In a new national poll, Quinnipiac asked the question in as straightforward a way as possible: "Do you support or oppose the nuclear deal with Iran?" And, "Do you think the nuclear deal with Iran would make the world safer or less safe?"
The results are stunning: Americans oppose the deal, 57 percent to 28 percent; and by 58 percent to 30 percent they think it will make the world less safe.
One man was responsible for the deaths or injuries of thousands of American soldiers in Iraq. That same man is responsible for sowing sectarian conflict today in Syria, Iraq, and Yemen. And yet, in the nuclear deal with Iran, this man, the commander of Iran’s Islamic Revolutionary Guards Corps Quds Force, Major General Qassem Suleimani, will have sanctions lifted against him. Indeed, he will receive a large infusion of cash to wreak more havoc and terror. Having served in Iraq, having experienced first-hand his proxy operations against American forces, and having lost men to Gen. Suleimani’s terror operations, I find this offensive.
According to the terms of the Iran deal announced in Vienna on Tuesday, U.N. Security Council sanctions regarding nuclear-related issues will be lifted on a number of entities and individuals—from Iranian banks to Lebanese assassins, like Anis Nacacche. The name that most sticks out is IRGC-Quds Force commander Qassem Suleimani.
Department of Homeland Security chief Jeh Johnson says that the Islamic State wants to be viewed as Islamic, but they aren't.
During an interview at the Aspen Security Forum, the interviewer asks if Johnson and DHS are missing the religious dimension of the terrorism we face by denying that it's inspired by Islam. "I couldn't disagree more," Johnson says.
Human trafficking is a crime that not only breaks the law but basic human rights. The United States recently released its annual Trafficking in Persons report. Countries are ranked on a scale from Tier 1 to Tier 3.
A reader writes to ask about the photo we’ve been using in our subscription ads (see the back cover of this week’s edition, or last week’s, for that matter). Is it real, he wonders, or Photoshopped to show the three men together? “If it is an actual photo, it certainly is very interesting: three young men with impressive careers before them. All three were warmly dressed and their shoulders appear to touch one another. All three were staring directly toward the camera. . . . Stalin is almost smiling, the other two not quite so much.”
To paraphrase Lincoln, if we could first know where Iran is and whither Iran is tending, we could then better judge what to do, and how to do it. To evaluate the Iran deal, we need, to the degree possible, to understand the Iranian regime, its nature and its history, its past and present behavior.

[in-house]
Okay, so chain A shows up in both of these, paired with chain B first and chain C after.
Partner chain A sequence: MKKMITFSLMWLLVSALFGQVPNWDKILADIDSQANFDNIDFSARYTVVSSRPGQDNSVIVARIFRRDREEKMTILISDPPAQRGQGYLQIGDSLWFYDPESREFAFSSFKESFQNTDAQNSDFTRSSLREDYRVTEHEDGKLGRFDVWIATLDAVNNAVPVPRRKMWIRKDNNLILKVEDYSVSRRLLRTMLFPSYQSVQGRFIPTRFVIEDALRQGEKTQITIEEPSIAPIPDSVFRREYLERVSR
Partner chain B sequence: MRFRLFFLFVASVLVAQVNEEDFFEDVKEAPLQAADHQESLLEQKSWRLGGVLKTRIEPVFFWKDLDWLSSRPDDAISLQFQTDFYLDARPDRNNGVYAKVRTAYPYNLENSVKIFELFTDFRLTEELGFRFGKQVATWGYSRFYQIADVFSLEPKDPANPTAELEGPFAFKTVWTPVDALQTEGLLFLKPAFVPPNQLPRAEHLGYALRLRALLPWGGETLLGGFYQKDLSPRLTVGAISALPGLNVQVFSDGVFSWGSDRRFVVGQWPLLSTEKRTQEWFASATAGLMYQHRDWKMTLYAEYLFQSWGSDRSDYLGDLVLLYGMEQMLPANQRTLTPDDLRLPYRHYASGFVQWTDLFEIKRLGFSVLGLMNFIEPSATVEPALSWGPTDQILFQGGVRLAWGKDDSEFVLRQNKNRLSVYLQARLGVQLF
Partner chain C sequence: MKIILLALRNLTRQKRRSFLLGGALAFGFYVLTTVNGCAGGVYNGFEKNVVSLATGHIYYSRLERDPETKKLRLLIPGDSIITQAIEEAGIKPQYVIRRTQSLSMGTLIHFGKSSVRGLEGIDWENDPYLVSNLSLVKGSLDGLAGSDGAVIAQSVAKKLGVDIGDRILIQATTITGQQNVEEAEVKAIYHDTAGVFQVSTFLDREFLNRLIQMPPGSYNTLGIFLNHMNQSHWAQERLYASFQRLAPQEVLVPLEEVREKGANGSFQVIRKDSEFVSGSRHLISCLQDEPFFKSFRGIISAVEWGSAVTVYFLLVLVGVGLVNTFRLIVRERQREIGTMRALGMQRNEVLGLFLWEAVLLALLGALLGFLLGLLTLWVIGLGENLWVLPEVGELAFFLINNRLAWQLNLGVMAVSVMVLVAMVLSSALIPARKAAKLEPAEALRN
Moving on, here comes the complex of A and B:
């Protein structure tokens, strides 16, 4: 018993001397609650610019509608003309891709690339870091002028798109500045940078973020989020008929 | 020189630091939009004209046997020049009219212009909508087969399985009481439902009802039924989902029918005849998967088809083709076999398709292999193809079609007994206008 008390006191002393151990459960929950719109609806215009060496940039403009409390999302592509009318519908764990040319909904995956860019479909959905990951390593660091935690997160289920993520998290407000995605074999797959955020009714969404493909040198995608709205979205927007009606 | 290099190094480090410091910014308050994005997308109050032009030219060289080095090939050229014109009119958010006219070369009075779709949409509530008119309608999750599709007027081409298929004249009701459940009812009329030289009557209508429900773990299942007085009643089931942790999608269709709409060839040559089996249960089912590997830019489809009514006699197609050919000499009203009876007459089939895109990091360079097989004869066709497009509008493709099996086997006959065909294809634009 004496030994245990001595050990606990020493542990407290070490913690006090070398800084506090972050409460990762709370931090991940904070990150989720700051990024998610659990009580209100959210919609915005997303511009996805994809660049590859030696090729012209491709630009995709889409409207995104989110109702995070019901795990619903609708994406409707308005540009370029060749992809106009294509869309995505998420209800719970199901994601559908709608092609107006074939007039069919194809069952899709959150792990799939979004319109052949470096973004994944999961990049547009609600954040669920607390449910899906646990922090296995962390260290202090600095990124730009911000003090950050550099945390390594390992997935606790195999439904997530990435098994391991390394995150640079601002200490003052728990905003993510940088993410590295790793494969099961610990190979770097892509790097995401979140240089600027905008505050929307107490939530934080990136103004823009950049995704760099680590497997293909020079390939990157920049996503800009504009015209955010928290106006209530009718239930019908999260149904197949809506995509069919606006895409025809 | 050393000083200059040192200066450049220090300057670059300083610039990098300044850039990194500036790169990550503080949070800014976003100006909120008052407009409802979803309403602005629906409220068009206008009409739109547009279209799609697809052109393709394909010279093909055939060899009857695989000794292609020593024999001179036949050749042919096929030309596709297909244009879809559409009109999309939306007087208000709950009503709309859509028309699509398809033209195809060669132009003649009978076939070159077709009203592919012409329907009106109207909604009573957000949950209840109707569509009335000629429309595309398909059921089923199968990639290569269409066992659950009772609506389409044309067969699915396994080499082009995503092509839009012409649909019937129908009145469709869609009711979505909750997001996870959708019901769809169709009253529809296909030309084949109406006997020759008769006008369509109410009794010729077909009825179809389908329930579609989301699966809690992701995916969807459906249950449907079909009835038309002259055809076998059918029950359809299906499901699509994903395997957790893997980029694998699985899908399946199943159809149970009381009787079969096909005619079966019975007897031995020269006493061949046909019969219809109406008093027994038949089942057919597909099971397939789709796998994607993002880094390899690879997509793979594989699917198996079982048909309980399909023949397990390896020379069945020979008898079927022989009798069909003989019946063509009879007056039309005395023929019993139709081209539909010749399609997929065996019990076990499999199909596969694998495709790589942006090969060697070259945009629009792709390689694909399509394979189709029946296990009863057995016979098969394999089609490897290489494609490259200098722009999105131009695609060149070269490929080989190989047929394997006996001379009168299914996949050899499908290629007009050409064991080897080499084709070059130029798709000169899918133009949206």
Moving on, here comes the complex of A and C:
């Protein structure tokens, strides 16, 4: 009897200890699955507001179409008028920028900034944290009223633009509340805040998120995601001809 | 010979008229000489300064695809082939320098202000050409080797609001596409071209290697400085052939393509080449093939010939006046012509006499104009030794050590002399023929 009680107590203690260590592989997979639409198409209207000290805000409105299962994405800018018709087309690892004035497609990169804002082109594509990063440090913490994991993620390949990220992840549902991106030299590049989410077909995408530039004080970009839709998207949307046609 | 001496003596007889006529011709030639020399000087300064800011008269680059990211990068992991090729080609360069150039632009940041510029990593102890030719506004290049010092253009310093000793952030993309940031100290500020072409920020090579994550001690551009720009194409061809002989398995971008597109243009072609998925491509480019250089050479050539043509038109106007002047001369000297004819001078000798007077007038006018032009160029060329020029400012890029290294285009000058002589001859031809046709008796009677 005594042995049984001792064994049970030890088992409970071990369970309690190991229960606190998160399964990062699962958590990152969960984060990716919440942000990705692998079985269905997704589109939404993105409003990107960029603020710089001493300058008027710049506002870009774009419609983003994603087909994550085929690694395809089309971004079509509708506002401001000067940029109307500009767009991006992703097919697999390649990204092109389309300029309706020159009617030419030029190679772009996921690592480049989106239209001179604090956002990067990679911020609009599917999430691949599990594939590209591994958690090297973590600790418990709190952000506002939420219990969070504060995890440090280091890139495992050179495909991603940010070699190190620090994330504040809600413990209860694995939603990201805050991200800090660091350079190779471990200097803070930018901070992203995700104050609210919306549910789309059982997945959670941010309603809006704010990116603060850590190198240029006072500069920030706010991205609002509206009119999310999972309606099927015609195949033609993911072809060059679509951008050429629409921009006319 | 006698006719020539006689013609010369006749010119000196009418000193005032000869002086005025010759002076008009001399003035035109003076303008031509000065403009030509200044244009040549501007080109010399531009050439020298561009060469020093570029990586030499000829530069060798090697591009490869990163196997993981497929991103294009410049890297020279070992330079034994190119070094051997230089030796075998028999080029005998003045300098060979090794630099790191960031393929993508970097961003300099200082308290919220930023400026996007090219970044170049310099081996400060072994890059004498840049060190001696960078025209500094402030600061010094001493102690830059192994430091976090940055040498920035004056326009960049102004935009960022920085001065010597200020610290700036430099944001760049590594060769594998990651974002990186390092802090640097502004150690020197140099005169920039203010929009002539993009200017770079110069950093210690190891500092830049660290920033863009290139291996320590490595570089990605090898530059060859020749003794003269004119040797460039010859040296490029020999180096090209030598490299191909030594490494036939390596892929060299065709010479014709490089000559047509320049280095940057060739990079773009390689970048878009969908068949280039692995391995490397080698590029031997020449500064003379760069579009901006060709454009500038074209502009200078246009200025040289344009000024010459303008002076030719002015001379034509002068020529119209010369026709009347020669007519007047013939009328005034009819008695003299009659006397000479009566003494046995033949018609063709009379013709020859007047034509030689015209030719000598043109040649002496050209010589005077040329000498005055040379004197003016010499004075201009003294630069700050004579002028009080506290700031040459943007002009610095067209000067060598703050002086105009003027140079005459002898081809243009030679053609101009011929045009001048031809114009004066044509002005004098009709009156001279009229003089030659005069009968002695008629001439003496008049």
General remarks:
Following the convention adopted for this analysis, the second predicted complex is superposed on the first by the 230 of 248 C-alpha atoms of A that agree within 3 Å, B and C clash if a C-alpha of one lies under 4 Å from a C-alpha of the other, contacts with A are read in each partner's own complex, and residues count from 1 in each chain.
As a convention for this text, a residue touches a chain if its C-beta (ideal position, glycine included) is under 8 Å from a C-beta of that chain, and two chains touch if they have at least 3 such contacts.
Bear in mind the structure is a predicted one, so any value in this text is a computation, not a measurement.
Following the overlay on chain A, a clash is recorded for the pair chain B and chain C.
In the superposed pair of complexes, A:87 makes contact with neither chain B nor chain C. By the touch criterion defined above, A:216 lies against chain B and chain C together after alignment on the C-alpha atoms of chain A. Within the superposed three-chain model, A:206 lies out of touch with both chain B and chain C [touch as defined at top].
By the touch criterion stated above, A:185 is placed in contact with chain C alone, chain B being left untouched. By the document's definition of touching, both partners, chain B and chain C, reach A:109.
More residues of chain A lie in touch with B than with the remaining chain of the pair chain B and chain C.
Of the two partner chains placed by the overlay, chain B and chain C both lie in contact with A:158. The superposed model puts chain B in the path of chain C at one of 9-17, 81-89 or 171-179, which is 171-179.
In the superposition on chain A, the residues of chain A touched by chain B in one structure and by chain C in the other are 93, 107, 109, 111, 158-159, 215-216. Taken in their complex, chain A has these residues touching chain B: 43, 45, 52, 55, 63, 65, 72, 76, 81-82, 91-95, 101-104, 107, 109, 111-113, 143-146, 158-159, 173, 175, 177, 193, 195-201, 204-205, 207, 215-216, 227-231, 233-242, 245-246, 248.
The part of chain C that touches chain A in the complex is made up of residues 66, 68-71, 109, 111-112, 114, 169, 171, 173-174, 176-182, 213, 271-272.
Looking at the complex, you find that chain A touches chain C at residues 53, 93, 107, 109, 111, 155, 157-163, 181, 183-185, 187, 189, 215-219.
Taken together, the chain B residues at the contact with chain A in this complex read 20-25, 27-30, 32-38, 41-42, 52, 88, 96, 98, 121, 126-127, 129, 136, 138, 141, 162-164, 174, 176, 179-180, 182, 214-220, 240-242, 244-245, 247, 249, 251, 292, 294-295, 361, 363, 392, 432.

The bad news is that the Obama administration doesn’t want us to have all the information available to judge that regime and its behavior. The good news is that Congress can insist the information be provided.
Fresh off the triumph of NASA’s New Horizons mission to Pluto, there was more big space news this week. And it may turn out to be much bigger than our first look at Pluto—a veritable revolution in physics and space travel.
John Kerry is bullish on the Middle East. He believes that the Iran deal will make it possible for the White House and Tehran to tamp down wars in places like Syria and Yemen. And—who knows?—maybe even solve the Palestinian-Israeli conflict.
Traveling recently in what might be called “new frontline” states—Estonia, Ukraine, and Moldova—I was struck by the depth of concern I encountered about Russian propaganda. And not just propaganda aimed at the Russian population and neighboring countries. At a conference in Tallinn, a Politico reporter and experienced Russia hand who had just covered the parliamentary elections in Britain told me voters he’d interviewed in Wales and Scotland had brought up clearly identifiable pieces of propaganda spread by Russia’s state-owned global television and radio network, RT.
In May, President Barack Obama donned a yarmulke and spoke in a Washington, D.C., synagogue. He reminded his audience that Jeffrey Goldberg, a member of the congregation, once called him the “first Jewish president.” He claimed to be flattered by the characterization. And perhaps he was—most Jews, after all, voted for him for president, and many Jews of Obama’s acquaintance have sometimes seemed to care more about the well-being of Planned Parenthood than about the survival of the state of Israel.
President Obama is putting on the hard sell to market the nuclear deal he reached with Iran. On July 14, in announcing the agreement, he said: “This deal shows the real and meaningful change that American leadership and diplomacy can bring—change that makes our country and the world safer and more secure. We negotiated from a position of strength and principle—and the result is a nuclear deal that cuts off every pathway to a nuclear weapon.”
A top Democratic believes President Obama may break the law to implement the Iran deal. The Democrat is Brad Sherman, a congressman from California, who made the comments after meeting with Obama personally about the Iran deal.